Golf Course Management

NOV 2014

Golf Course Management magazine is dedicated to advancing the golf course superintendent profession and helping GCSAA members achieve career success.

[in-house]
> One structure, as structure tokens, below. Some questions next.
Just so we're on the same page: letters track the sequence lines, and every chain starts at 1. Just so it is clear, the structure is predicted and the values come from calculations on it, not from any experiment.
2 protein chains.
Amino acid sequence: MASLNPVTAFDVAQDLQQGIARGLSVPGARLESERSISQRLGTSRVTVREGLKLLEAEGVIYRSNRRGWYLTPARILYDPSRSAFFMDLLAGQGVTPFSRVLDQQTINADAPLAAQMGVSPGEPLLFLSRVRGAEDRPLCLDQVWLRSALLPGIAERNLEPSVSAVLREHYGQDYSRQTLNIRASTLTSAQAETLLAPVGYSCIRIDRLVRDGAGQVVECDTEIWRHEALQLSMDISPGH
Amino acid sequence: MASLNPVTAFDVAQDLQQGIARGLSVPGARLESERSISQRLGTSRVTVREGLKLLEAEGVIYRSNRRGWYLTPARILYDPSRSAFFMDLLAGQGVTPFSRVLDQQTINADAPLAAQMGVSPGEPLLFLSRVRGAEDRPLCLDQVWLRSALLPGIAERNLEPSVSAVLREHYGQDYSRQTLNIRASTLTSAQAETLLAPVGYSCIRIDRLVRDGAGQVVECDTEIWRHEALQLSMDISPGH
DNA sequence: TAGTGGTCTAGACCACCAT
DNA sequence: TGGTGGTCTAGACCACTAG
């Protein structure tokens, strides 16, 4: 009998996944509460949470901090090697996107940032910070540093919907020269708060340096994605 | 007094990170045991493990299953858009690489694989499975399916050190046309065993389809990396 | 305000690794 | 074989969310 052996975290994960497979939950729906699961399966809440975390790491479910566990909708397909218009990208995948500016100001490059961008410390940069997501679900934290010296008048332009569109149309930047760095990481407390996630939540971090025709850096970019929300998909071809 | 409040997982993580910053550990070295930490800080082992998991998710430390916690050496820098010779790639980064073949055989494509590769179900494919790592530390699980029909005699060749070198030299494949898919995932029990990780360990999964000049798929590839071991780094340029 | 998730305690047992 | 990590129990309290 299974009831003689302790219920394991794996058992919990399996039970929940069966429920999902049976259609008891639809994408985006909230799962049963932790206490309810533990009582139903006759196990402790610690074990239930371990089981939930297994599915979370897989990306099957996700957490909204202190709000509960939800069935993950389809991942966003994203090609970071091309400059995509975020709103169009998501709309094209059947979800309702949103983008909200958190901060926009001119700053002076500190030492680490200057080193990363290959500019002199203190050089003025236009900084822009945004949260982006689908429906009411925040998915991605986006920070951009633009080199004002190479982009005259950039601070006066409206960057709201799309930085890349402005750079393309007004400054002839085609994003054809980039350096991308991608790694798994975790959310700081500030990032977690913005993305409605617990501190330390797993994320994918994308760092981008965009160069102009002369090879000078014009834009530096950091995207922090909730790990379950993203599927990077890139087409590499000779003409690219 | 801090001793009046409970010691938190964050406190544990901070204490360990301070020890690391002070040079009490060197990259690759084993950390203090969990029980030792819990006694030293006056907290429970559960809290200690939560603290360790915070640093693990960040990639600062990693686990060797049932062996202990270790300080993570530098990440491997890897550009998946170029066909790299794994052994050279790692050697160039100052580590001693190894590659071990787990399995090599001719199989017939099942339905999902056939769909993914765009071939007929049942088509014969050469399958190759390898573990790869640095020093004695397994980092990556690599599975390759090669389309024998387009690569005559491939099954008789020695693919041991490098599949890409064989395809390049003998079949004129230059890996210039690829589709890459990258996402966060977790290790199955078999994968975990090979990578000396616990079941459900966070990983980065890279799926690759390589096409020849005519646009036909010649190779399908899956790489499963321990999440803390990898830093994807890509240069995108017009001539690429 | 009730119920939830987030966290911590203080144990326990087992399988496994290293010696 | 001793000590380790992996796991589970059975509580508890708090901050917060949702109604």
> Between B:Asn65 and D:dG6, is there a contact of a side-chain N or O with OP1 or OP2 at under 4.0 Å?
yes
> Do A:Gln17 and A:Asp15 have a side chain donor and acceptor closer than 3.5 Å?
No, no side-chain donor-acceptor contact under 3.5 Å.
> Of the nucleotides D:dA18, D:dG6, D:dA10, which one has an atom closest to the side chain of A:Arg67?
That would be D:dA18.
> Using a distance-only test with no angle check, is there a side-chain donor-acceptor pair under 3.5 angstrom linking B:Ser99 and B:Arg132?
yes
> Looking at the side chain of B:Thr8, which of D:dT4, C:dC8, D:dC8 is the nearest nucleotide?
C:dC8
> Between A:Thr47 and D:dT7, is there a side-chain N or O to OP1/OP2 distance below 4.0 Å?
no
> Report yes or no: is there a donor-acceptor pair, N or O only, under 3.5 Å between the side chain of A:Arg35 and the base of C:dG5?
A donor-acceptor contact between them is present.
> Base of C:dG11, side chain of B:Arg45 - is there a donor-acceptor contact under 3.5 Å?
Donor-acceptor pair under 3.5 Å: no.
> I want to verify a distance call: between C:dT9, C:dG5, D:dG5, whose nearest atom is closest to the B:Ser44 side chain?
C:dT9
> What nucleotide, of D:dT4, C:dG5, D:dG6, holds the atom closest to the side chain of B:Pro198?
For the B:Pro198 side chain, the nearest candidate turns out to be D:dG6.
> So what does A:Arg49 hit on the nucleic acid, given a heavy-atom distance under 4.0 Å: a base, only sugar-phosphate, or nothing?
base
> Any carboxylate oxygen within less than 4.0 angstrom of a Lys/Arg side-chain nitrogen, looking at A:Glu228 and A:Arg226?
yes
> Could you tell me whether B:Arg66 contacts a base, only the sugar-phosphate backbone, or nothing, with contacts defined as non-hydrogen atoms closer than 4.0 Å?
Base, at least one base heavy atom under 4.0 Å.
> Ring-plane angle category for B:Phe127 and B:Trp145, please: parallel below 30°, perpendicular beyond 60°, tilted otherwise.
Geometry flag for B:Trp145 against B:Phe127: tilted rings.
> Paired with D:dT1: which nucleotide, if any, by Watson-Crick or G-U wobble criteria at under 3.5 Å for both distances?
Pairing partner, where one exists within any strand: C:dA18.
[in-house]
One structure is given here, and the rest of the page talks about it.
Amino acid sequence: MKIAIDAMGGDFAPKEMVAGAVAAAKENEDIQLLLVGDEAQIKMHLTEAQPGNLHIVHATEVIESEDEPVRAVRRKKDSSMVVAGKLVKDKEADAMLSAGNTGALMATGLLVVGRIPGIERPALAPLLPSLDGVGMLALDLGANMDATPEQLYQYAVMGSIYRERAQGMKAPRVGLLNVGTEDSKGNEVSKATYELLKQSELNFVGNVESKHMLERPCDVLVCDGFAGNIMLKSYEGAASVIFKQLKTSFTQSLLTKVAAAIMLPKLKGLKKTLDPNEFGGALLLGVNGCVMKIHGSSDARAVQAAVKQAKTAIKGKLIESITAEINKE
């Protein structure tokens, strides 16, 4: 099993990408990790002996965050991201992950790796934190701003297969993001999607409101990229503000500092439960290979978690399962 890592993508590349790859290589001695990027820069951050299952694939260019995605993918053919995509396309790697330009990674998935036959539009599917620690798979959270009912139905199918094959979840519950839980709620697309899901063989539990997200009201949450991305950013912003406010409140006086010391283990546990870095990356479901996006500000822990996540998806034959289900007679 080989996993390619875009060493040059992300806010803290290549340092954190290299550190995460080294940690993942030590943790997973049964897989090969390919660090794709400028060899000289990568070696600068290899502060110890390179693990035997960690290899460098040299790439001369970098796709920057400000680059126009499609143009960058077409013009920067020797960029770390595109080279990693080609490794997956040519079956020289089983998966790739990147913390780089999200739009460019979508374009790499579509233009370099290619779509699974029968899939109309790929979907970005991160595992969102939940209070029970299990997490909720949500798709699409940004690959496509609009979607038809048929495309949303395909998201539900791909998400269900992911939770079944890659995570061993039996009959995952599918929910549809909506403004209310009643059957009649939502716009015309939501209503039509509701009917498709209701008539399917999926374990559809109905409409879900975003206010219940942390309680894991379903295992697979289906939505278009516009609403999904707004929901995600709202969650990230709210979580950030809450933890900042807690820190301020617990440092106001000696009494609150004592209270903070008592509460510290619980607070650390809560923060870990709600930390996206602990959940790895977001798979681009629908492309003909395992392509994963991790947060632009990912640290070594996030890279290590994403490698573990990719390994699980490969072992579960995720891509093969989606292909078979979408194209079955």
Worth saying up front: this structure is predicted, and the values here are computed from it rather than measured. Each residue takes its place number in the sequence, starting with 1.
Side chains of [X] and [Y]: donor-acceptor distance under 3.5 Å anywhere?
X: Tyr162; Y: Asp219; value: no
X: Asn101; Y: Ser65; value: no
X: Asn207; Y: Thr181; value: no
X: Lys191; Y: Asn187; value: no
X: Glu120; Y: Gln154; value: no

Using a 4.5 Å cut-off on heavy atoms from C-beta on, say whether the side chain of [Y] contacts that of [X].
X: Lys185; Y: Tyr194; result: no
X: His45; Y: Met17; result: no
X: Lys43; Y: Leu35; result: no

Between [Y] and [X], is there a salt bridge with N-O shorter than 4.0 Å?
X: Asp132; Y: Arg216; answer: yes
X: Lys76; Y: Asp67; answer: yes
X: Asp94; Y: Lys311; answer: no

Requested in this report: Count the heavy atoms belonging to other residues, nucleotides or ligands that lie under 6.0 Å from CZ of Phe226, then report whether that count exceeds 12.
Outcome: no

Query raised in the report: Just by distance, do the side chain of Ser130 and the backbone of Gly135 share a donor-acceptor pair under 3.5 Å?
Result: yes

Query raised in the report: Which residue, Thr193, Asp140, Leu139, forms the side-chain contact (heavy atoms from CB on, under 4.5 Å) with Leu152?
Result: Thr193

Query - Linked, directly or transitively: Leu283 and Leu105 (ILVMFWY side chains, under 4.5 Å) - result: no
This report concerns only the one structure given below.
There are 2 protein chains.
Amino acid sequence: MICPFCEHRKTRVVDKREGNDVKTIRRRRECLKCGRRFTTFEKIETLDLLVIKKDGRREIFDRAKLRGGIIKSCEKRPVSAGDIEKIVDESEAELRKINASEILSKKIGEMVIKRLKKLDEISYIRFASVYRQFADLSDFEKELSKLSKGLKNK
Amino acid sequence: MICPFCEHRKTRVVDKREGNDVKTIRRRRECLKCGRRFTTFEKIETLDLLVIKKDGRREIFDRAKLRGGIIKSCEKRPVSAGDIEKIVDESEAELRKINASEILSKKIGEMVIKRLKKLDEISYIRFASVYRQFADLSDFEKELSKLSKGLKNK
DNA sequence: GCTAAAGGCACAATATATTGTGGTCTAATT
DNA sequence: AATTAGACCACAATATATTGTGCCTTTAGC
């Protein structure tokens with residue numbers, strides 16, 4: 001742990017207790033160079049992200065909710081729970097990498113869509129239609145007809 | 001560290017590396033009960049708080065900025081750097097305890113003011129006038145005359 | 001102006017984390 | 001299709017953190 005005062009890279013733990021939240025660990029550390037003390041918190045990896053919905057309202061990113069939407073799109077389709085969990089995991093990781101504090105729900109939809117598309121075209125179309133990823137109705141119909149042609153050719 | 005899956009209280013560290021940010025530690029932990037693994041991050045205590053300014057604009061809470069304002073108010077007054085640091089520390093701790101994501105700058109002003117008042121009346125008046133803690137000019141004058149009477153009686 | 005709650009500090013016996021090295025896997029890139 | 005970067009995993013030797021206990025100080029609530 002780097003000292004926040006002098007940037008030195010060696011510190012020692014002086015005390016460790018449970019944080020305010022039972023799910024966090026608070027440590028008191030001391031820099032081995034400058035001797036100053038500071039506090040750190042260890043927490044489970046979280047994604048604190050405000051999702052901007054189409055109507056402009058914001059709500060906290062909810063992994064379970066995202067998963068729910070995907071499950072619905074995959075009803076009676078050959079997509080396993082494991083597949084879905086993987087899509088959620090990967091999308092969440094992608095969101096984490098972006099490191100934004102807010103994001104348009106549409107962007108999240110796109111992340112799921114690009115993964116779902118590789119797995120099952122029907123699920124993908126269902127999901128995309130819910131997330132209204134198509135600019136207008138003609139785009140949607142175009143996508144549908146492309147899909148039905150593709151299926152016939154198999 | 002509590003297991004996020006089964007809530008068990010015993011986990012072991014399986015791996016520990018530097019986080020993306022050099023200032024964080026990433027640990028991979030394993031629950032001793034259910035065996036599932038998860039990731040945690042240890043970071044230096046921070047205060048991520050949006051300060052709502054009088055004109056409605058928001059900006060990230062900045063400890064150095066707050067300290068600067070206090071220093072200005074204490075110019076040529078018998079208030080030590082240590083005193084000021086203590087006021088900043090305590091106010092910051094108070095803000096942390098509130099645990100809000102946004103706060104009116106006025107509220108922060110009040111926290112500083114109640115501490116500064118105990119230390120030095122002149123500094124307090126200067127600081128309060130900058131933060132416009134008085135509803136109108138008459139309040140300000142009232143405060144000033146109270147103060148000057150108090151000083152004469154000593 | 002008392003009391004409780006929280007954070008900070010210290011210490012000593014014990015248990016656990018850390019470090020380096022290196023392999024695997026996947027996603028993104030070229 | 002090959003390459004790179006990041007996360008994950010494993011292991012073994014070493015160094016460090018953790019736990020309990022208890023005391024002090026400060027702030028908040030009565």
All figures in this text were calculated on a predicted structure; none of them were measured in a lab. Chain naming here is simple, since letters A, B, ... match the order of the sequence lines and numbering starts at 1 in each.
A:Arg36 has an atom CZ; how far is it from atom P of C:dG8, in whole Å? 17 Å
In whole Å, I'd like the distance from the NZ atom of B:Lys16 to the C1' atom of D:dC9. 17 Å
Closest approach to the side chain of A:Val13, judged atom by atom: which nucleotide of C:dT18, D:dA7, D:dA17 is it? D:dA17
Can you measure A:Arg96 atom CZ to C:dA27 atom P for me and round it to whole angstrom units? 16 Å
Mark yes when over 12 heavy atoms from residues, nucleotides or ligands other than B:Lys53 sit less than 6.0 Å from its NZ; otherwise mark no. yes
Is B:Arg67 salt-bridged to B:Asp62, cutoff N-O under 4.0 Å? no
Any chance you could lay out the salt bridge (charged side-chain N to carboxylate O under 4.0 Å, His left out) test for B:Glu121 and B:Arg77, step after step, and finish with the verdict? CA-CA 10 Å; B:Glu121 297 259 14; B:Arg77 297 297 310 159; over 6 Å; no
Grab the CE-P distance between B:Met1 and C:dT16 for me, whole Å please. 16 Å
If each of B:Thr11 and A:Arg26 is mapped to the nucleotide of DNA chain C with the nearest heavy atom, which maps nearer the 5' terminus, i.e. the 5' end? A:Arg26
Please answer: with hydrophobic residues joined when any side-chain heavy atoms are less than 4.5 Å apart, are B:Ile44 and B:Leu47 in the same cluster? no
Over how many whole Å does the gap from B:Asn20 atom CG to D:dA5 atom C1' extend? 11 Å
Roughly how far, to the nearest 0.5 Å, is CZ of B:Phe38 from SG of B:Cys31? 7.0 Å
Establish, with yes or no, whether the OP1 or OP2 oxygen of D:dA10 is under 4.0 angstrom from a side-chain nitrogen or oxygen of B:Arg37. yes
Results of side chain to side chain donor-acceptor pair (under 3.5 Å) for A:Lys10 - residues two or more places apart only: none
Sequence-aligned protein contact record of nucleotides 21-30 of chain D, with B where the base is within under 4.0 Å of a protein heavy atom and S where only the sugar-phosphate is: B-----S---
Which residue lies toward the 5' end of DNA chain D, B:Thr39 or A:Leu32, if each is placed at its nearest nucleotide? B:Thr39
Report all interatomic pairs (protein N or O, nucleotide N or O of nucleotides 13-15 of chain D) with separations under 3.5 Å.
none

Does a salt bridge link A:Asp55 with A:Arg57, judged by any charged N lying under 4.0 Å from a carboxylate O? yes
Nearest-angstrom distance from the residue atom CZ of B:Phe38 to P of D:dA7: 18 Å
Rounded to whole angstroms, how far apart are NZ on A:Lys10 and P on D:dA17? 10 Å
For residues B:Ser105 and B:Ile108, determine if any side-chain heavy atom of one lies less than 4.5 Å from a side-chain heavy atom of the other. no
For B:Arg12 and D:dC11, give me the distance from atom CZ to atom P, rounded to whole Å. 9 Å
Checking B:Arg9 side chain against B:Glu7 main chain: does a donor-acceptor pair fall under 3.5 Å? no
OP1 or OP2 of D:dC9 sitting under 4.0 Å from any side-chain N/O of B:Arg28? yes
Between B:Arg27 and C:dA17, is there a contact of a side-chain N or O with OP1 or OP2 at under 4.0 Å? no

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72 GOLF COURSE MANAGEMENT 11.14 A century of seeded bermudagrass production — and more to come Bermudagrass has evolved from a 'wily' weed to a multimillion-dollar industry. Arden A. Baltensperger, Ph.D. Bermudagrass may have been introduced to the United States from Africa hundreds of years ago when hay contaminated with the grass seed was used for bedding on slave ships. Since those less than illustrious beginnings, seeded bermudagrass has become a multimil - lion-dollar crop, grossing well over $36 mil- lion in 2013. Although the exact date is not certain, Common bermudagrass (Cynodon dacty - lon) seed production and marketing began in Yuma County in western Arizona around 1915. Bermudagrass was well adapted to the area's warm climate and saline soil conditions and readily invaded the local alfalfa seed pro - duction felds. By 1917, Roy Hansberger, an alfalfa farmer in the county, was separating bermudagrass (weed) seed from alfalfa seed with hand-held sieves, but it is believed that he had been selling bermudagrass seed for several years before then. After 1920, W.R. (Bill) Whitman and Glen Quick, who had production felds near Blythe, Calif., were the frst to grow and sell bermudagrass seed on a commercial scale. At this time, bermudagrass fnally gained legiti - macy as a cash crop instead of a weed. Dur- ing World War II, bermudagrass seed produc- tion in the U.S. increased dramatically as the government used the seed to build airstrips in North Africa. William Kneebone, Ph.D., dis - cussed the introduction of bermudagrass into the United States and its status as a noxious weed in several states in his publication "Ber - mudagrass — worldly, wily, wonderful weed." Top: In the period around 1915, hand sieves were most likely used to separate bermudagrass seed from alfalfa seed. The brown seeds are alfalfa and the gray or white seeds are unhulled bermudagrass. Photo by Z. Baltensperger Bottom, left: A stationary thresher, circa 1940. Image courtesy of the author Bottom, right: A modern combine used for harvesting bermudagrass seed. Photo by J. Klingenberger

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